By Andrew Chung and John Kruzel
WASHINGTON (Reuters) -The U.S. Supreme Court on Thursday struck down race-conscious admissions programs at Harvard University and the University of North Carolina, effectively prohibiting affirmative action policies long used to raise the number of Black, Hispanic and other underrepresented minority students on American campuses.
In a blockbuster decision that will force many colleges and universities to overhaul their admissions policies, the justices ruled that affirmative action admissions programs that consider an applicant’s race in ways like Harvard and UNC did violate the U.S. Constitution’s promise of equal protection under the law.
Powered by the conservative justices with the liberals in dissent, the court sided with a group called Students for Fair Admissions, founded by anti-affirmative action activist Edward Blum, in its appeal of lower court rulings upholding programs used at the two prestigious schools to foster a diverse student population. The vote counts were 6-3 against UNC and 6-2 against Harvard.
In landmark rulings last year with far-reaching societal implications also spearheaded by the conservative justices, the court overturned the 1973 Roe v. Wade decision that had legalized abortion nationwide and widened gun rights.
Speaking at the White House, Democratic President Joe Biden said he strongly disagreed with Thursday’s ruling, written by Chief Justice John Roberts, and urged colleges not to abandon their commitment to student diversity. Asked by a reporter if this is “a rogue court,” Biden replied, “This is not a normal court.”
Roberts wrote that a student “must be treated based on his or her experiences as an individual not on the basis of race. Many universities have for too long done just the opposite. And in doing so, they have concluded, wrongly, that the touchstone of an individual’s identity is not challenges bested, skills built or lessons learned but the color of their skin. Our constitutional history does not tolerate that choice.”
According to Harvard, around 40% of U.S. colleges and universities consider race in some fashion. Blum’s group in lawsuits filed in 2014 accused UNC of discriminating against white and Asian American applicants and Harvard of bias against Asian American applicants.
Harvard and UNC had said they used race as only one factor in a host of individualized evaluations for admission without quotas – permissible under previous Supreme Court precedents – and that curbing its consideration would cause a significant drop in enrollment of students from under-represented groups.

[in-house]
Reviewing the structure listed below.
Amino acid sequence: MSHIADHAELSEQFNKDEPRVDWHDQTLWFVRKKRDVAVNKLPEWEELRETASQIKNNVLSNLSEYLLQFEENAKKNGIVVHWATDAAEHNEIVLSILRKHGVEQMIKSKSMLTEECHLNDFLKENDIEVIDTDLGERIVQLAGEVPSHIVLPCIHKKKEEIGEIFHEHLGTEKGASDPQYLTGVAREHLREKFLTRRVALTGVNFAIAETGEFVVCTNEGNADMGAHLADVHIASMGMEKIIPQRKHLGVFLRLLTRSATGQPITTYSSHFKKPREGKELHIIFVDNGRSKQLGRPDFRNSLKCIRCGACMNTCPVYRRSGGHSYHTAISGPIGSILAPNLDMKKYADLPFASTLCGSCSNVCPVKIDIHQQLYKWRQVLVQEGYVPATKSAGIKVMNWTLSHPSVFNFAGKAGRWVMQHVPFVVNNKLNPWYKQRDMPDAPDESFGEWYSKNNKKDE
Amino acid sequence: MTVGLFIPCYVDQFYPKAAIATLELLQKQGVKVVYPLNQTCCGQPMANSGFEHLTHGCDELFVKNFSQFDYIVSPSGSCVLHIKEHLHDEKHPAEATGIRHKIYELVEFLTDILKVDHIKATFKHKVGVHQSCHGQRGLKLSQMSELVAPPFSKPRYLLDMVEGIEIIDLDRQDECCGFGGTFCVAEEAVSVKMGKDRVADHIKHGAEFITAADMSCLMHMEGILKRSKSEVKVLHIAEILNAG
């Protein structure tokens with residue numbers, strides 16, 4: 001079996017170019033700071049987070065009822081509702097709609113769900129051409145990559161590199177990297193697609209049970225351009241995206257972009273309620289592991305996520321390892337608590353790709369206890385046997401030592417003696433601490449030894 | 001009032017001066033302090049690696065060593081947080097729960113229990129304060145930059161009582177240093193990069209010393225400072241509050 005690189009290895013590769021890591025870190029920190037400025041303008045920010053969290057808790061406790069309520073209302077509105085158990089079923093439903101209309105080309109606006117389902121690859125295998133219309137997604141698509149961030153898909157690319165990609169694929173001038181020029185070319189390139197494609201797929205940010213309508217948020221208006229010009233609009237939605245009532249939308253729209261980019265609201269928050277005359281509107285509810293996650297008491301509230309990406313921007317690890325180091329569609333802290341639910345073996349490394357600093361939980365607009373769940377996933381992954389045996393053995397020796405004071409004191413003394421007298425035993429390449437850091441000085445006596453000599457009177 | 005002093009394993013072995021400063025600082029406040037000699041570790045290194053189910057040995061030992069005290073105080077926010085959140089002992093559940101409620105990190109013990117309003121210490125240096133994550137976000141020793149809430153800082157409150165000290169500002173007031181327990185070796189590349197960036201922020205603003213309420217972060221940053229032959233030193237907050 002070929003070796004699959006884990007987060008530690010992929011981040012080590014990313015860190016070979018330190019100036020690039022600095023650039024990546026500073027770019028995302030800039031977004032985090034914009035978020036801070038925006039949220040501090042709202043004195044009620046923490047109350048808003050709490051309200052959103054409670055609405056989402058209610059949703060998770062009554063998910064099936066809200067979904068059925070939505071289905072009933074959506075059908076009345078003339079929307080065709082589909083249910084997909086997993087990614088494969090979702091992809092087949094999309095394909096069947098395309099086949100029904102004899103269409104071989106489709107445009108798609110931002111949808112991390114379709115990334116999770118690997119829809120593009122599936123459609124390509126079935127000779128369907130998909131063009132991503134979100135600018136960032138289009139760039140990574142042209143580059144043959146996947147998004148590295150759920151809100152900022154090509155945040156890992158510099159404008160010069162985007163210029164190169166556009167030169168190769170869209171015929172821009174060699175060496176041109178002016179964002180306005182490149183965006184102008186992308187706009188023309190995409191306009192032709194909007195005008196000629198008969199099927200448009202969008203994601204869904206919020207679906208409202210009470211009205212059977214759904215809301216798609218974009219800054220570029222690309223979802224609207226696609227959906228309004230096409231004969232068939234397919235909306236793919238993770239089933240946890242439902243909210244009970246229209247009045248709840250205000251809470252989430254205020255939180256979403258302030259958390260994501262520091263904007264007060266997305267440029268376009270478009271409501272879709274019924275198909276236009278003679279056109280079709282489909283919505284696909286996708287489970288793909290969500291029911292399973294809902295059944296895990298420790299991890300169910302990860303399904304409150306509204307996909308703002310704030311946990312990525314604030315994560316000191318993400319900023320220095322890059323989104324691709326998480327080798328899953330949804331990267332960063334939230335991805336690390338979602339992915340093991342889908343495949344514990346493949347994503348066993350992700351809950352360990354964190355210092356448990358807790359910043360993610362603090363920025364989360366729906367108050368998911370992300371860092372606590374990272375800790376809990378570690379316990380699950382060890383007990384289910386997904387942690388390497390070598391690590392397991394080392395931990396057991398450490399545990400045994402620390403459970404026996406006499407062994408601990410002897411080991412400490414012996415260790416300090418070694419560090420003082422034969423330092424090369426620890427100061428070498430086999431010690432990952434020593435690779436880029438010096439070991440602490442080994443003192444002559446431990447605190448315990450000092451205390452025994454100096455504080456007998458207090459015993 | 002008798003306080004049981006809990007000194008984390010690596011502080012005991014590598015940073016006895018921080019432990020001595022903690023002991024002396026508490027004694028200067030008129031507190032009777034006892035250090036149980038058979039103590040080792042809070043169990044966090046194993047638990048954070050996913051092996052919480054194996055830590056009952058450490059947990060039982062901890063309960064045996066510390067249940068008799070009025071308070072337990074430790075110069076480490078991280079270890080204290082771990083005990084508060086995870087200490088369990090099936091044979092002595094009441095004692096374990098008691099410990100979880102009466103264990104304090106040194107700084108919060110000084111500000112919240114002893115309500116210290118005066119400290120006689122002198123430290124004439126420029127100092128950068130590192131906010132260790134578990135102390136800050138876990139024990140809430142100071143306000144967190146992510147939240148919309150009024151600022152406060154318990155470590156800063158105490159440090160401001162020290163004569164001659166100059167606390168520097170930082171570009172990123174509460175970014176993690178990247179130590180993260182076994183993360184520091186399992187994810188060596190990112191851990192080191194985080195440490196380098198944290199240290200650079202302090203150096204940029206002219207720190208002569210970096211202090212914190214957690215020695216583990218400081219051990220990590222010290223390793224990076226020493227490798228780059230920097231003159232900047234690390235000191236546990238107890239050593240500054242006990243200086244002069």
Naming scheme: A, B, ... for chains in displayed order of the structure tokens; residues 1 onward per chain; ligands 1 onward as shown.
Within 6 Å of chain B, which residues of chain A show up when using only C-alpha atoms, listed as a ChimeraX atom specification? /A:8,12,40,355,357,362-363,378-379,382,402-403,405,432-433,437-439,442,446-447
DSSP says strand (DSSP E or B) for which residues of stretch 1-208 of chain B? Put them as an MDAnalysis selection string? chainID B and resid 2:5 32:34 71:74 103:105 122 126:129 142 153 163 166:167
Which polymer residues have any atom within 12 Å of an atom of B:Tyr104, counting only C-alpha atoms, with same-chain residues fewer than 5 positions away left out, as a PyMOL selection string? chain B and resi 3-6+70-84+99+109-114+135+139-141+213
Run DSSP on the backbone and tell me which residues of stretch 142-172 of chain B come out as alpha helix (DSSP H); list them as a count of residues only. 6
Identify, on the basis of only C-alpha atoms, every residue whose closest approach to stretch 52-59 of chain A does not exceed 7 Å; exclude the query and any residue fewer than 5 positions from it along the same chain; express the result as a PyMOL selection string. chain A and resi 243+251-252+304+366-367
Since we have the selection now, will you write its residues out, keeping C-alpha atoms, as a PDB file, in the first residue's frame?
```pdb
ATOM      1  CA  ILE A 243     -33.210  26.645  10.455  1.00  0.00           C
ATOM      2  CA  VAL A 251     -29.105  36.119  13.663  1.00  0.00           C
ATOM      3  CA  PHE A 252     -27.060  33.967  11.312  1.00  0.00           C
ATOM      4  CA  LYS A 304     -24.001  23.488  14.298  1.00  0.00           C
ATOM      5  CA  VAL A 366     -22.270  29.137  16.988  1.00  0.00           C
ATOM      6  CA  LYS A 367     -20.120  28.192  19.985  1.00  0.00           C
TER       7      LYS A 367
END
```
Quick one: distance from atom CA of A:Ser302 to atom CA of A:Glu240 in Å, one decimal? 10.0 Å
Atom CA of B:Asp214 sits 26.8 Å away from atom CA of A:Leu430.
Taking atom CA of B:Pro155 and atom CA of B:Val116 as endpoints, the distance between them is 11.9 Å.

“Harvard and UNC admissions programs cannot be reconciled with the guarantees of the Equal Protection Clause,” Roberts wrote, referring to the constitutional provision.
Universities, Roberts added, may still consider a student’s personal essays about “how race affected his or her life, be it through discrimination, inspiration or otherwise.” But, Roberts said, “universities may not simply establish through application essays or other means the regime we hold unlawful today.”
Affirmative action had withstood Supreme Court scrutiny for decades, most recently in a 2016 ruling involving a white student, backed by Blum, who sued the University of Texas after being rejected for admission.
The Supreme Court has shifted rightward since 2016 and now includes three justices who dissented in that case and three appointees by Republican former President Donald Trump, who is running again in 2024. Trump on Thursday hailed Thursday’s ruling as “a great day for America.”
Many institutions of higher education, corporations and military leaders long have backed affirmative action on campuses not simply to remedy racial inequity and exclusion in American life but to ensure a talent pool that can bring a range of perspectives to the workplace and the U.S. armed forces.
Thursday’s ruling appeared to exempt military service academies from its sweep, with Roberts highlighting “the potentially distinct interests that military academies may present,” and noting that the litigation had not addressed “the propriety of race-based admissions systems in that context.”